The strength of rivalry refl ects not just the intensity of competition but also the basis of competition. The dimen- sions on which competition takes place, and whether rivals

converge to compete on the same dimensions, have a major infl uence on profi tability.

Rivalry is especially destructive to profi tability if it gravi- tates solely to price because price competition transfers prof- its directly from an industry to its customers. Price cuts are usually easy for competitors to see and match, making suc- cessive rounds of retaliation likely. Sustained price competi- tion also trains customers to pay less attention to product features and service.

Price competition is most liable to occur if: Products or services of rivals are nearly identical and

there are few switching costs for buyers. This encourages competitors to cut prices to win new customers. Years of air- line price wars refl ect these circumstances in that industry.

Fixed costs are high and marginal costs are low. This creates intense pressure for competitors to cut prices below their average costs, even close to their marginal costs, to steal incremental customers while still making some contribution to covering fi xed costs. Many basic-materials businesses, such as paper and aluminum, suffer from this problem, especially if demand is not growing. So do delivery companies with fi xed networks of routes that must be served regardless of volume.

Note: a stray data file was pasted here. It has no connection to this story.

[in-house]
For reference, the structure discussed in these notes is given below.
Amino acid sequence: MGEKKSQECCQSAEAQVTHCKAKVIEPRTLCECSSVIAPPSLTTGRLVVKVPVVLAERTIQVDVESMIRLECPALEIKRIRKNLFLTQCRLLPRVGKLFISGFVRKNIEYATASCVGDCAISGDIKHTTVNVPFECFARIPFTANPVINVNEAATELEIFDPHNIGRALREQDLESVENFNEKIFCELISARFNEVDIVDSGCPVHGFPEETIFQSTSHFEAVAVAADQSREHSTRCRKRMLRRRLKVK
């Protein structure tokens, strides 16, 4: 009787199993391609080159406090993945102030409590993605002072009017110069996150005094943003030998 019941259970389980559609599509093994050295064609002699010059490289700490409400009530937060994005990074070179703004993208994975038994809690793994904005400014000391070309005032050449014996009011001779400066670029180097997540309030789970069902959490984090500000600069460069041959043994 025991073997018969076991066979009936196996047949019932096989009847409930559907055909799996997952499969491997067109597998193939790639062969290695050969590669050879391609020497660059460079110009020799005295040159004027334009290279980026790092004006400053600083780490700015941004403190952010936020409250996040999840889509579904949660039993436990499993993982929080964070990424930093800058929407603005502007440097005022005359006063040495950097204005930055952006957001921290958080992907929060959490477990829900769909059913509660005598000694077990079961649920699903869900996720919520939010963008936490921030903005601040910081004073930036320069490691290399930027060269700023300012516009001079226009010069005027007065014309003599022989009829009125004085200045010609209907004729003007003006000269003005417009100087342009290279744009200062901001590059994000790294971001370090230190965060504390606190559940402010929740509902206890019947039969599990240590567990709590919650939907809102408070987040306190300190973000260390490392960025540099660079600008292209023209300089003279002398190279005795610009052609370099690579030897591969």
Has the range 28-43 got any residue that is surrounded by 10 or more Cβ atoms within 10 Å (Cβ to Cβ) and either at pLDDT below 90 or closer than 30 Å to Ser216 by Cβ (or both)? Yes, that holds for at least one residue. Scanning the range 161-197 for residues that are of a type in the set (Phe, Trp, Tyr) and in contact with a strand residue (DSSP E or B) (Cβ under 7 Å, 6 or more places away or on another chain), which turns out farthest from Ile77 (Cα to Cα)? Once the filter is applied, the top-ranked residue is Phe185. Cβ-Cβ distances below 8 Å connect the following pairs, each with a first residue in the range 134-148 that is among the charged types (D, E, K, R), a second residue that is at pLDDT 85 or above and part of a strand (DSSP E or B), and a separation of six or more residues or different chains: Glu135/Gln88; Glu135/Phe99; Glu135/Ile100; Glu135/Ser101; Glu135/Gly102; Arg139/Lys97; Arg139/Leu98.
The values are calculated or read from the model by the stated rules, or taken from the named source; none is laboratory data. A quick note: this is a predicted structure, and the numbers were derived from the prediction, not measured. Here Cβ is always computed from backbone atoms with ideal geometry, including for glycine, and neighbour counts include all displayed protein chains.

Capacity must be expanded in large increments to be effi cient. The need for large capacity expansions, as in the polyvinyl chloride business, disrupts the industry’s supply- demand balance and often leads to long and recurring peri- ods of overcapacity and price cutting.

The product is perishable. Perishability creates a strong temptation to cut prices and sell a product while it still has value. More products and services are perishable than is commonly thought. Just as tomatoes are perishable because they rot, models of computers are perishable because they

Rivalry is especially destructive to profi tability if it gravitates solely to price because price competition transfers profi ts directly from an industry to its customers.

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LEADERSHIP AND STRATEGY | The Five Competitive Forces That Shape Strategy

86 Harvard Business Review | January 2008 |

soon become obsolete, and information may be perishable if it diffuses rapidly or becomes outdated, thereby losing its value. Services such as hotel accommodations are perishable in the sense that unused capacity can never be recovered.